Vitamin K


Last update date: November 07, 2023

The presence of Vitamin K prevents bleeding in people with blood clotting problems.

Frequently Asked Questions


What is Vitamin K?

Vitamin K is a fat-soluble vitamin that plays a vital role in blood clotting and bone health. It exists in two forms: vitamin K1 (phylloquinone) found in plant foods, and vitamin K2 (menaquinone) synthesized by gut bacteria and found in animal-based and fermented foods.


What is positive impact of Vitamin K?

Blood clotting: Vitamin K is vital for blood clotting, preventing excessive bleeding and aiding in wound healing. Bone health: Vitamin K supports bone health, reducing the risk of fractures and osteoporosis by aiding in bone metabolism. Heart health: Vitamin K may promote cardiovascular health by preventing arterial calcification. Brain function: Vitamin K may support cognitive function and promote brain health. Skin health: Vitamin K aids in maintaining healthy skin through protein synthesis.


What is negative impact of Vitamin K?

Excessive intake of vitamin K supplements can interfere with certain blood-thinning medications, so caution should be exercised in such cases. Very high doses of vitamin K may lead to anemia or liver damage, although this is rare and typically occurs in specific medical conditions.


Who should avoid Vitamin K?

Individuals on blood-thinning medications or with blood clotting disorders should consult their healthcare provider before taking vitamin K supplements. Pregnant or breastfeeding women should follow the recommended dietary intake of vitamin K and consult their healthcare provider if considering supplementation.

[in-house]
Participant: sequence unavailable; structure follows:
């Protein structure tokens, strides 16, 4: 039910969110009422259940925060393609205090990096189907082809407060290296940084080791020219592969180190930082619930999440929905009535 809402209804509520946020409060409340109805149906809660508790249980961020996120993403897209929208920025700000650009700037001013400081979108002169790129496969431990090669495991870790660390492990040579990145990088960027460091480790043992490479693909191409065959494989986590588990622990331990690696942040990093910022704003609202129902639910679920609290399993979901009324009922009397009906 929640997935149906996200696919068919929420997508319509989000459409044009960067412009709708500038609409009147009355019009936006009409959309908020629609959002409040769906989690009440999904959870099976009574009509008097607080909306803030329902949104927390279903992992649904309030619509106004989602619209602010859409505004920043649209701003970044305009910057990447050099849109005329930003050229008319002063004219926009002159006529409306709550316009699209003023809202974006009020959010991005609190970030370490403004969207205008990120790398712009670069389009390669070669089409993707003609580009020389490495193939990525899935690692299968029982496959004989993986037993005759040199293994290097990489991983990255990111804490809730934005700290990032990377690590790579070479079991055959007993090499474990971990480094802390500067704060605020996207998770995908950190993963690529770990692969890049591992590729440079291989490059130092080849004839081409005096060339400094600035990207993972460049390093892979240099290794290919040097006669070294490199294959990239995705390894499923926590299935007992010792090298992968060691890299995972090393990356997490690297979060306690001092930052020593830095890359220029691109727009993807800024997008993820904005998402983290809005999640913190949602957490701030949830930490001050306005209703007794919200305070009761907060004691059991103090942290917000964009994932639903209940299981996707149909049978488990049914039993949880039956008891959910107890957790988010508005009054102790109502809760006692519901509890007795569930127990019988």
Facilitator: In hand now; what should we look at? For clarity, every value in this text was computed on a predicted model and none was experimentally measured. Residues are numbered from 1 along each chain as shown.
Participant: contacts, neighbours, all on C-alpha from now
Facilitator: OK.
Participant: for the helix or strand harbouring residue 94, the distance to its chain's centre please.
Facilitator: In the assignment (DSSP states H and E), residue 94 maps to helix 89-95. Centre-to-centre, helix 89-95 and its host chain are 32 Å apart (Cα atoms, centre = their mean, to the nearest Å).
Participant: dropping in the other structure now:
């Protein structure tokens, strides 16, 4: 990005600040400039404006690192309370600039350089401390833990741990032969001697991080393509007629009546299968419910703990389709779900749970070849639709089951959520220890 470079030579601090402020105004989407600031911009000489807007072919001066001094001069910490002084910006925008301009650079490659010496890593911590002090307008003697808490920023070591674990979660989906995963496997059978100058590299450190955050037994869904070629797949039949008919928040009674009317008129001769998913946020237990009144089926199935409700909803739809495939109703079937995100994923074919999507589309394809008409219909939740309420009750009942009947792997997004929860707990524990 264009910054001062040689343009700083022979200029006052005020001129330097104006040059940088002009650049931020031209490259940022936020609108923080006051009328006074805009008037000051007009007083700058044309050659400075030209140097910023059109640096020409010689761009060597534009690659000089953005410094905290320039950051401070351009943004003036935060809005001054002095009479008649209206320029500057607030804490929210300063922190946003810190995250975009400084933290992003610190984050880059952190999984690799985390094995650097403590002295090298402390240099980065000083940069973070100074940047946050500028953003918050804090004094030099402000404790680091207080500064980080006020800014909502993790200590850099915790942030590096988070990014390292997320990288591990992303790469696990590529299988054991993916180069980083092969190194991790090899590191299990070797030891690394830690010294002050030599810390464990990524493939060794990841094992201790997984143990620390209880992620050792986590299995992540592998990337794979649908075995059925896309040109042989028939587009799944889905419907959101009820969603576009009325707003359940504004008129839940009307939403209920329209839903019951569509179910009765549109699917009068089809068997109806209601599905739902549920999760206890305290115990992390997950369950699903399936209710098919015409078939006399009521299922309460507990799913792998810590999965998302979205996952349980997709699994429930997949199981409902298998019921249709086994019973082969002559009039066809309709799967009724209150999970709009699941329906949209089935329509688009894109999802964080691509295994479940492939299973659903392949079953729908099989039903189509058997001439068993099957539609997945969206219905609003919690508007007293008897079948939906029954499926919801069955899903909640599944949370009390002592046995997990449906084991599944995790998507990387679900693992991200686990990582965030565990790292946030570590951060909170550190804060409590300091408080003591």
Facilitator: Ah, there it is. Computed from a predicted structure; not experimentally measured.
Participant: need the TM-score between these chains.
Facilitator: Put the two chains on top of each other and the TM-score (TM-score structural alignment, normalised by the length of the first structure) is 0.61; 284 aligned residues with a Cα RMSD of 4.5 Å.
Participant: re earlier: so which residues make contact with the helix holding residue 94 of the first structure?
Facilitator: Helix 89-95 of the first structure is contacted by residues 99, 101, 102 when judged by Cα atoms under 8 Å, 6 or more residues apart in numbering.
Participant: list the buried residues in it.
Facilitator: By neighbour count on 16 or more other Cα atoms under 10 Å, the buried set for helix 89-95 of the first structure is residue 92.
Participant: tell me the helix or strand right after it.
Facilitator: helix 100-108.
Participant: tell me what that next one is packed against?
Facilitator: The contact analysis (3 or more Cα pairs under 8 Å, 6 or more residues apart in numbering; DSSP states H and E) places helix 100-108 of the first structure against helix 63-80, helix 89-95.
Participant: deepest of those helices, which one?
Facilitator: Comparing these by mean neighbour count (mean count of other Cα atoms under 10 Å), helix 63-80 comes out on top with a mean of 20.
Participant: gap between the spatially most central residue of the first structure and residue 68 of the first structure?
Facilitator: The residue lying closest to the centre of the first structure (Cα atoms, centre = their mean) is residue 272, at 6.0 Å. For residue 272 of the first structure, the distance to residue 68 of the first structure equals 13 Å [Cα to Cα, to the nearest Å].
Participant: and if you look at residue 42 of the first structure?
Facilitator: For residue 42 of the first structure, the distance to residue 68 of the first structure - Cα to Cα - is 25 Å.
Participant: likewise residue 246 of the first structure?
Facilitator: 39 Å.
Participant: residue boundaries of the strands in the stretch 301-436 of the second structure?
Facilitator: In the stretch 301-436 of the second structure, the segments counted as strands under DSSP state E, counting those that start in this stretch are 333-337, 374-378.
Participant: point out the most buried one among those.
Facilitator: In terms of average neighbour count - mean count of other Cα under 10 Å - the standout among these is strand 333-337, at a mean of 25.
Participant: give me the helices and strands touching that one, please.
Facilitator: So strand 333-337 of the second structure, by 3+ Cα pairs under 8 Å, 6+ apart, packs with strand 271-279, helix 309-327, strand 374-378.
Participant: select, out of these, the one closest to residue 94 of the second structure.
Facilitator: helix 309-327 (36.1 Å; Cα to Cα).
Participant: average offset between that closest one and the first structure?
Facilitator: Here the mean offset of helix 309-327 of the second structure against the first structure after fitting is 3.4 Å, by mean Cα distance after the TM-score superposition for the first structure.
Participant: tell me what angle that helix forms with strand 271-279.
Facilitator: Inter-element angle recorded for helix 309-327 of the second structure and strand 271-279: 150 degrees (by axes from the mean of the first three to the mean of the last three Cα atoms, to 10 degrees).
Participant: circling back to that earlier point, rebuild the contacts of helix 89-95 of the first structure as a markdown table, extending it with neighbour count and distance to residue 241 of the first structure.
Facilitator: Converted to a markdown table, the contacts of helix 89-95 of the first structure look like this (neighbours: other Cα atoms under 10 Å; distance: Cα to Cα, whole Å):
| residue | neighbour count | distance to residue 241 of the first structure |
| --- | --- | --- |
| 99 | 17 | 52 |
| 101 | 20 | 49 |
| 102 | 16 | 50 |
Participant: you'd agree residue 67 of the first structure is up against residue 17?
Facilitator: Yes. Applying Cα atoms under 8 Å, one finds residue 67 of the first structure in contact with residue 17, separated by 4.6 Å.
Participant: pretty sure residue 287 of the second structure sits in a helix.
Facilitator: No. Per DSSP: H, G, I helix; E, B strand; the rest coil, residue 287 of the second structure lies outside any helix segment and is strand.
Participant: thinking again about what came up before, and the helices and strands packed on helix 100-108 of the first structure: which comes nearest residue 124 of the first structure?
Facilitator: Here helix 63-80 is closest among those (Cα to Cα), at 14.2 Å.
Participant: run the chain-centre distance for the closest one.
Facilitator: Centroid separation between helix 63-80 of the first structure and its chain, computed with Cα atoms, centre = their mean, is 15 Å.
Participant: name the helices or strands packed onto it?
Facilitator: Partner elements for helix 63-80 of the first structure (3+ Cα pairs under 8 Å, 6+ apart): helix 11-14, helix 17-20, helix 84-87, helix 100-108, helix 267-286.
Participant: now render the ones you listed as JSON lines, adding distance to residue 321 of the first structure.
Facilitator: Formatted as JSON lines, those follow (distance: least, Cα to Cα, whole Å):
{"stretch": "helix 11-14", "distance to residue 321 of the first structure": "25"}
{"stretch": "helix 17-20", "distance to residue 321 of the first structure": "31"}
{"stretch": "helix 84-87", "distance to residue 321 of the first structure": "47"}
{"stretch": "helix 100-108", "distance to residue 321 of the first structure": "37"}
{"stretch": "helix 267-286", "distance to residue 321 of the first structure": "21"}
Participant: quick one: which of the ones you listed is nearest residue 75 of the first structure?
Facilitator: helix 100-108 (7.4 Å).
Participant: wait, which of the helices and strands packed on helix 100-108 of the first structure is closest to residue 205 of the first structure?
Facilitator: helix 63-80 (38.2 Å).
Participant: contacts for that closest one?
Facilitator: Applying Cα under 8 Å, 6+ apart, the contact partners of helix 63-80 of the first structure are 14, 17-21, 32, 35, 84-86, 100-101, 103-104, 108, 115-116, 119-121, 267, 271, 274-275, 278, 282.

What food is highest in vitamin K?

Leafy green vegetables like kale, spinach, and broccoli. Brussels sprouts, asparagus, and oils like soybean and canola oil are great sources of Vitamin K1. Fermented soybean, cheese, egg yolk, meat and sauerkraut are excellent sources of vitamin K2. Vitamin K can also be produced by the gut bacteria in the body.


Which disease is caused by to lack of vitamin K?

Deficiency of vitamin K can lead to impaired blood clotting, increased bleeding tendencies, and a higher risk of fractures. Symptoms of deficiency may include easy bruising, nosebleeds, heavy menstrual bleeding, and prolonged bleeding from wounds. Newborns are particularly susceptible to vitamin K deficiency, and vitamin K injections are commonly administered to prevent potential bleeding disorders.

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